12.30.2007

Day 4 - Apres Ski

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Got up early, drove through some crazy conditions, saw some interesting signs. One said:

TRUCKERS
------------
ENGINE
BRAKE
MUFFLER
REQUIRED

And here I am, not even a trucker, but I've been lugging those useless parts across the country like a sucker! Here's some guy I don't know's take on it:
http://borderwars.blogspot.com/2007/09/engine-brake-mufflers-required.html


Then I snowboarded. It was awesome. I'm getting better every time I go, even though it's been over a year since I last went. By the way, I think you should all join the army at some point so you can get $30 off lift tickets. o.O

I've had a snowboarding nightmare a few times but not recently. I don't remember dreams or nightmares too often but this one sticks out: I'm snowboarding down a mountain, and go off some jump. The slope of the mountain and the speed at which I'm flying through the air are just perfect so that I cruise down the face of the mountain, flying along at about treetop level, scared shitless. I mean, I fly along for minutes at a time, just dreading the landing. Then I wake up scared to death.

I went off a jump today anyways and just knocked some skier over.

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For dinner I stopped at a Subway off of I-70. I wasn't craving a sandwich, but I saw the sign, knew I had a gift card for Subway, and decided to stop. I ordered what I could to drive the total up to $10 so I wouldn't have to carry around a gift card containing a mere pittance. The girl rang it up, and I handed her the card. "Oh, we don't take those here." Looking at the card, I replied "This does say Subway on it, right?" She affirmed that fact, but explained that they were independently owned, and so didn't accept the cards.

This mind boggling experience reminded me of two things. The first, a Mitch Hedberg bit:
Every McDonalds' commercial ends the same way: "Prices and participation may vary." I want to be a stubborn McDonalds owner. I want to open up a McDonalds and not participate in shit. You guys got hamburgers? Nope. We got spaghetti. And blankets.
The second, a post on a non-blog I used to keep (we didn't have that cool name for it yet):
I needed to get my Class A uniform dry cleaned while I was on pass from PLDC. The problem is we were released late Saturday, after stores would be closed. Then I had all Sunday, and most places would be closed. Then I have until 5pm on Monday until I leave for Fort Benning again.

After I dropped Bob off at his house the other night coming back from Benning, I took a detour to Wrightsboro Road to look for a dry cleaners I could come back to on Monday. I saw one named "One-Hour Cleanerizing".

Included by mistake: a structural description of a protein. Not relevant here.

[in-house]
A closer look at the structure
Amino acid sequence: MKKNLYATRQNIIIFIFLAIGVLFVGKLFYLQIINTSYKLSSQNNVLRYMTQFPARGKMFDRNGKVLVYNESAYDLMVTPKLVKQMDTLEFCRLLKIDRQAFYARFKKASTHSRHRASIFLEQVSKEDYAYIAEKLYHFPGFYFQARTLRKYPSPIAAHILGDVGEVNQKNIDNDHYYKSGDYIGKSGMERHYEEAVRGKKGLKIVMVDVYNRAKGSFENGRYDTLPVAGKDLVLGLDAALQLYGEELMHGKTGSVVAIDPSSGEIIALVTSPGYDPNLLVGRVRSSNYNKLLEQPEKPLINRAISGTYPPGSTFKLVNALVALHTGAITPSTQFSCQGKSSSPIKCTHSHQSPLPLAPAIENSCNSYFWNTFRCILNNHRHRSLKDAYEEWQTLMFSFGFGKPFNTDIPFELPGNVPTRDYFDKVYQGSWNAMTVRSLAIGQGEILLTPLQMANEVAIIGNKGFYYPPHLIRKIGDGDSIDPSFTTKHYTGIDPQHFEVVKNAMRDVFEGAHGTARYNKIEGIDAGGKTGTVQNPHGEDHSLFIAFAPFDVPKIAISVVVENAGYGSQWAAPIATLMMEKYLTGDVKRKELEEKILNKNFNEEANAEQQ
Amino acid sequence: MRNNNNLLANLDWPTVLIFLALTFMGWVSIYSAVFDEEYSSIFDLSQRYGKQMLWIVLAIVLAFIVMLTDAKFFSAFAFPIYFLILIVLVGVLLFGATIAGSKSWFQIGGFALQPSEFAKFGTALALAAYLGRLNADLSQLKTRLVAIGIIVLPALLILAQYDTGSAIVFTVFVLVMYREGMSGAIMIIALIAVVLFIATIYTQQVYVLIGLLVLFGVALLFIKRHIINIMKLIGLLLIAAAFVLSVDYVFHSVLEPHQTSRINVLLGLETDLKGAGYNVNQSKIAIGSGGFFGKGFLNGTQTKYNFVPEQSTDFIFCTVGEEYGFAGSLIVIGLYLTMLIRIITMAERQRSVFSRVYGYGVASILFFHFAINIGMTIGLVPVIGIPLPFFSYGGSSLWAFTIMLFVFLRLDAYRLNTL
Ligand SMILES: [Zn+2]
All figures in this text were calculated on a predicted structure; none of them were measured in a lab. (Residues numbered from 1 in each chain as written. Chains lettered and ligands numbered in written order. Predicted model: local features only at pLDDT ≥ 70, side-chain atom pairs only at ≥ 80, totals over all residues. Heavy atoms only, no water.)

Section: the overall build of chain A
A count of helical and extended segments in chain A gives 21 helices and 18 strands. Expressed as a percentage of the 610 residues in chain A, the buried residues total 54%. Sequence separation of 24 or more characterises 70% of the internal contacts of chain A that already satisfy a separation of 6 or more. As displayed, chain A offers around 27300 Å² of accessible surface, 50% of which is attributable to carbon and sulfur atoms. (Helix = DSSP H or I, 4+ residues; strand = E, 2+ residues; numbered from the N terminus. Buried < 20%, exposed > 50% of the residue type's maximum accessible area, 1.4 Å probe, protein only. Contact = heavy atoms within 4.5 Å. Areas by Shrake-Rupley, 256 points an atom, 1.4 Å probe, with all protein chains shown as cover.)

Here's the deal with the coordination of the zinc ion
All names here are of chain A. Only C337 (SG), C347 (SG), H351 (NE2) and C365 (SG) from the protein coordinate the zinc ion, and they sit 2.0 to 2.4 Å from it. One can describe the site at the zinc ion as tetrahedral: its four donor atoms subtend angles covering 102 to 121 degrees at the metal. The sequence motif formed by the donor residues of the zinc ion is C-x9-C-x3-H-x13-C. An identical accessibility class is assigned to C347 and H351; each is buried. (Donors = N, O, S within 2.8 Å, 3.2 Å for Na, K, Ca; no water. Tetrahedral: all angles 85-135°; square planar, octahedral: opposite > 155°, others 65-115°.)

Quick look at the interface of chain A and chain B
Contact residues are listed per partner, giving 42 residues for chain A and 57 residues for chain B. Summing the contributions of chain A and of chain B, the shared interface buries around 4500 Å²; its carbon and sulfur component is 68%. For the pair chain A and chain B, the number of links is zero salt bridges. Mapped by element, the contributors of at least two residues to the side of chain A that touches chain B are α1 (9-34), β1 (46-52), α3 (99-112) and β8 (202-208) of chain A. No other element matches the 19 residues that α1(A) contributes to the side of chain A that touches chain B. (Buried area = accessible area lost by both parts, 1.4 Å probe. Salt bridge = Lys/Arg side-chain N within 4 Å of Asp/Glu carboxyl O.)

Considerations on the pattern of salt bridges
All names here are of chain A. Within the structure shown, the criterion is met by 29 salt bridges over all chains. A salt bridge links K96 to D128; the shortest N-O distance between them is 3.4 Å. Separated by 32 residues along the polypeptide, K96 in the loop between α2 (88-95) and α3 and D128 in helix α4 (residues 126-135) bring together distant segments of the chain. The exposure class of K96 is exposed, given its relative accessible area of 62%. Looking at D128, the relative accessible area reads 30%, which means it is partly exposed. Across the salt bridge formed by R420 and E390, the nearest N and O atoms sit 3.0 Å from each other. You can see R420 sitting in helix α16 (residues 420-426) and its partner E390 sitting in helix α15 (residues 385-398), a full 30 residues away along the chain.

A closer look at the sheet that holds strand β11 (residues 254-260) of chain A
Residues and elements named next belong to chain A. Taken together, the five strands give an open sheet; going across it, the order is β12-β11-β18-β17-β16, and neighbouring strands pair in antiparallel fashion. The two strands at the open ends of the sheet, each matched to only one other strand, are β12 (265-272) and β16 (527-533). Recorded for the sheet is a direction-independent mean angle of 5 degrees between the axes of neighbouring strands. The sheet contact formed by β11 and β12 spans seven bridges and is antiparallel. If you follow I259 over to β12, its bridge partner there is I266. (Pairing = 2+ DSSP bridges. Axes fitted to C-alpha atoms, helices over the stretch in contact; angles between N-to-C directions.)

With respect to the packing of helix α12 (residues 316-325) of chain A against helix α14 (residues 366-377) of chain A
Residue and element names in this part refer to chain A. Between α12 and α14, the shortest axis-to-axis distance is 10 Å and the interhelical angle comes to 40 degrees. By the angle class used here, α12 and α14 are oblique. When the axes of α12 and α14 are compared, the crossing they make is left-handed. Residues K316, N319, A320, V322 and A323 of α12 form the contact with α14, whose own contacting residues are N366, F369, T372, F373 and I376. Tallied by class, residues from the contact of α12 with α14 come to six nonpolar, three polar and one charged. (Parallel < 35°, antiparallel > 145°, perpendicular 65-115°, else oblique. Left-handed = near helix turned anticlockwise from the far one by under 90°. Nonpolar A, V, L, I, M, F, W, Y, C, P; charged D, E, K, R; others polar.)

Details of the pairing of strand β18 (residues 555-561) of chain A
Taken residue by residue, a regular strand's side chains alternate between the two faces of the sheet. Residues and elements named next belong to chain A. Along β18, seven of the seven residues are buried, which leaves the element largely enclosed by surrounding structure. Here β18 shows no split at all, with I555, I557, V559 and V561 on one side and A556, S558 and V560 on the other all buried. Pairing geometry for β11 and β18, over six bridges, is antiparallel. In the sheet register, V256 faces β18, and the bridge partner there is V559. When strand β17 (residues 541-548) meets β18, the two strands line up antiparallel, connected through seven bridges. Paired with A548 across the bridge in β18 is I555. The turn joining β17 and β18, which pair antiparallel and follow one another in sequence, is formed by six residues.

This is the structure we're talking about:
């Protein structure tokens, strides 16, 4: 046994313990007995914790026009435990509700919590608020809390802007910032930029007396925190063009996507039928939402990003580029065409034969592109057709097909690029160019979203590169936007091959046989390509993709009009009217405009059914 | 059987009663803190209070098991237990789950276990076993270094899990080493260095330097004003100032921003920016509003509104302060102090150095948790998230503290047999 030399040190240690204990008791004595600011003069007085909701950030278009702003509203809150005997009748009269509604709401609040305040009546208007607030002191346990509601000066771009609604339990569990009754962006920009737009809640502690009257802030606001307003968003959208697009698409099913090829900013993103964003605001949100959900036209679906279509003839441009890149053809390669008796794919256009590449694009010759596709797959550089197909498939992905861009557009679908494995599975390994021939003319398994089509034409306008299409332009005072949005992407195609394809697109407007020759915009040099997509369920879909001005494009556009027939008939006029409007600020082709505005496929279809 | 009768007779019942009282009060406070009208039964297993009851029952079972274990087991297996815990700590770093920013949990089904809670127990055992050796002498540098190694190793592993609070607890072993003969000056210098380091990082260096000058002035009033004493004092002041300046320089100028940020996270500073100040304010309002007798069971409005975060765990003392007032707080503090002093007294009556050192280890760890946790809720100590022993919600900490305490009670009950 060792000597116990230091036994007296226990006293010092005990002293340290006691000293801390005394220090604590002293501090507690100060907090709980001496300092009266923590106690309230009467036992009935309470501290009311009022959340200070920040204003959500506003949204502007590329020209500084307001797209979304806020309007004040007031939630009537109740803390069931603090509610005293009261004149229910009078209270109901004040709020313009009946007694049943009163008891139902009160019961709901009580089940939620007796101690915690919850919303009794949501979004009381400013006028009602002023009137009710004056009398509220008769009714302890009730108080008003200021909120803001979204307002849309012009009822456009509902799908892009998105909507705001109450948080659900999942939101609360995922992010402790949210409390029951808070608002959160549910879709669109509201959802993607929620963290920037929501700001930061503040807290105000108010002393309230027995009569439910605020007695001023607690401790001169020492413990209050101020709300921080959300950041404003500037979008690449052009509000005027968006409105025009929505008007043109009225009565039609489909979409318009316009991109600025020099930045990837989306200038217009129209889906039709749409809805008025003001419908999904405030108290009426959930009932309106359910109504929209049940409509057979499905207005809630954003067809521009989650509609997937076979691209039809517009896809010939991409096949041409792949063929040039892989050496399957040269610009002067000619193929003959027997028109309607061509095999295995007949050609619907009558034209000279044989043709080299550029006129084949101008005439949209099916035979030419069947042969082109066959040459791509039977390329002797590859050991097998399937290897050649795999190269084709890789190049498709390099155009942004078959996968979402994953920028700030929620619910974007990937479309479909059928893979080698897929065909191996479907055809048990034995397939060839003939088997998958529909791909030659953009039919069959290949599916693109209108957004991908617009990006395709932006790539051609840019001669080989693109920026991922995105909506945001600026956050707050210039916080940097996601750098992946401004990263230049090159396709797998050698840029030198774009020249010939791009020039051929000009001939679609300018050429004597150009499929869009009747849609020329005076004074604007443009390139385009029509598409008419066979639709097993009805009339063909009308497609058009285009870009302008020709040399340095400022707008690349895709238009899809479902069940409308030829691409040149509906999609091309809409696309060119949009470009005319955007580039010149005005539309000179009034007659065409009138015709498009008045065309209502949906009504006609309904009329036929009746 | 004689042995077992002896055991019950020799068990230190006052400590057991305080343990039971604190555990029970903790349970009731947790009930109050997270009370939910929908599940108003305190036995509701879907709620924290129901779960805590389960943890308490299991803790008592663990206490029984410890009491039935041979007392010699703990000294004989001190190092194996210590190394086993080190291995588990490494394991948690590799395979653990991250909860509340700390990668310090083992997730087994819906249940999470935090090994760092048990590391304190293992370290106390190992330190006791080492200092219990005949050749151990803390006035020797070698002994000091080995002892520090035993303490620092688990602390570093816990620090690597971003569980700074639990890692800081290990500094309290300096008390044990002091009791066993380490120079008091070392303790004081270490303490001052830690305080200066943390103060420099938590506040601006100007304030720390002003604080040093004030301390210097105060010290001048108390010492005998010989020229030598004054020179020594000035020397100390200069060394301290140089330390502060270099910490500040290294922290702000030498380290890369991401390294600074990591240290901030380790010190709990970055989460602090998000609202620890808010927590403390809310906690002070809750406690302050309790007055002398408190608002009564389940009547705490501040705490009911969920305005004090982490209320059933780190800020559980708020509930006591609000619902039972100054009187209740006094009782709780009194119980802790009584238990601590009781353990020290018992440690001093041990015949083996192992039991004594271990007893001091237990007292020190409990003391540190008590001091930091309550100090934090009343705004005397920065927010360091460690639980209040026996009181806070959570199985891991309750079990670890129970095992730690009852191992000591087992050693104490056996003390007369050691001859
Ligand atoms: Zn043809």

Now I'm not exactly a Dry Cleaning Aficionado or anything, so just because I had never heard the word "cleanerizing" before didn't mean it wasn't a legit term. After all I'm pretty sure I've seen One Hour Martinizing places and what the hell is martinizing, anyways? Is there this whole dry cleaning subculture I'm missing out on?

So I go back on Monday morning, about 9 o'clock or so. I walk in, put my uniform on the counter, and the woman there comes over to help me.

She greets me, looks at my clothes and says, "Those won't be ready until tomorrow." I looked at my clothes and wondered what it was about my uniform that would take longer than the usual one hour at this fine establishment. "What do you mean," I asked.

"Earliest we can get 'em done is tomorrow," she replied.

I was slightly puzzled. I looked up behind the woman to an array of paper signs with crappy clip art and word art hanging on the wall. One of them read: "One Hour Cleanerizing". This confirmed in my mind that I hadn't accidentally stumbled into a Burger King and demanded prompt dry cleaning service.

"Well, what's with the one-hour thing?" I said this while trying to hide my ignorance of all things dry cleaning. For as far as I was concerned, this woman was the Queen of Martinizing.

"Oh, that's just the name of the company," she said, unapologetically.

It was like someone telling me that an orange was blue. I stared blankly ahead. I probably stammered out some sort of question. "You're kidding me," I probably said. Words just wouldn't form. I laughed in the woman's face and walked out the door.

Not much driving today:

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5 hours of snowboarding above 10,000 feet elevation was pretty tiring. And then the driving conditions were horrible getting out of there, through the ravines and around the bends and I can't believe I didn't see anyone just shoot off a cliff. Sheesh. The hot tub at this hotel was relaxing, and now I'm sleepy. I still don't know what's on tap for tomorrow.

1 comments:

Krista said...

I'm more of a 28-year Martinizer.


(OK, I'll put myself on timeout for the lameness of that last statement)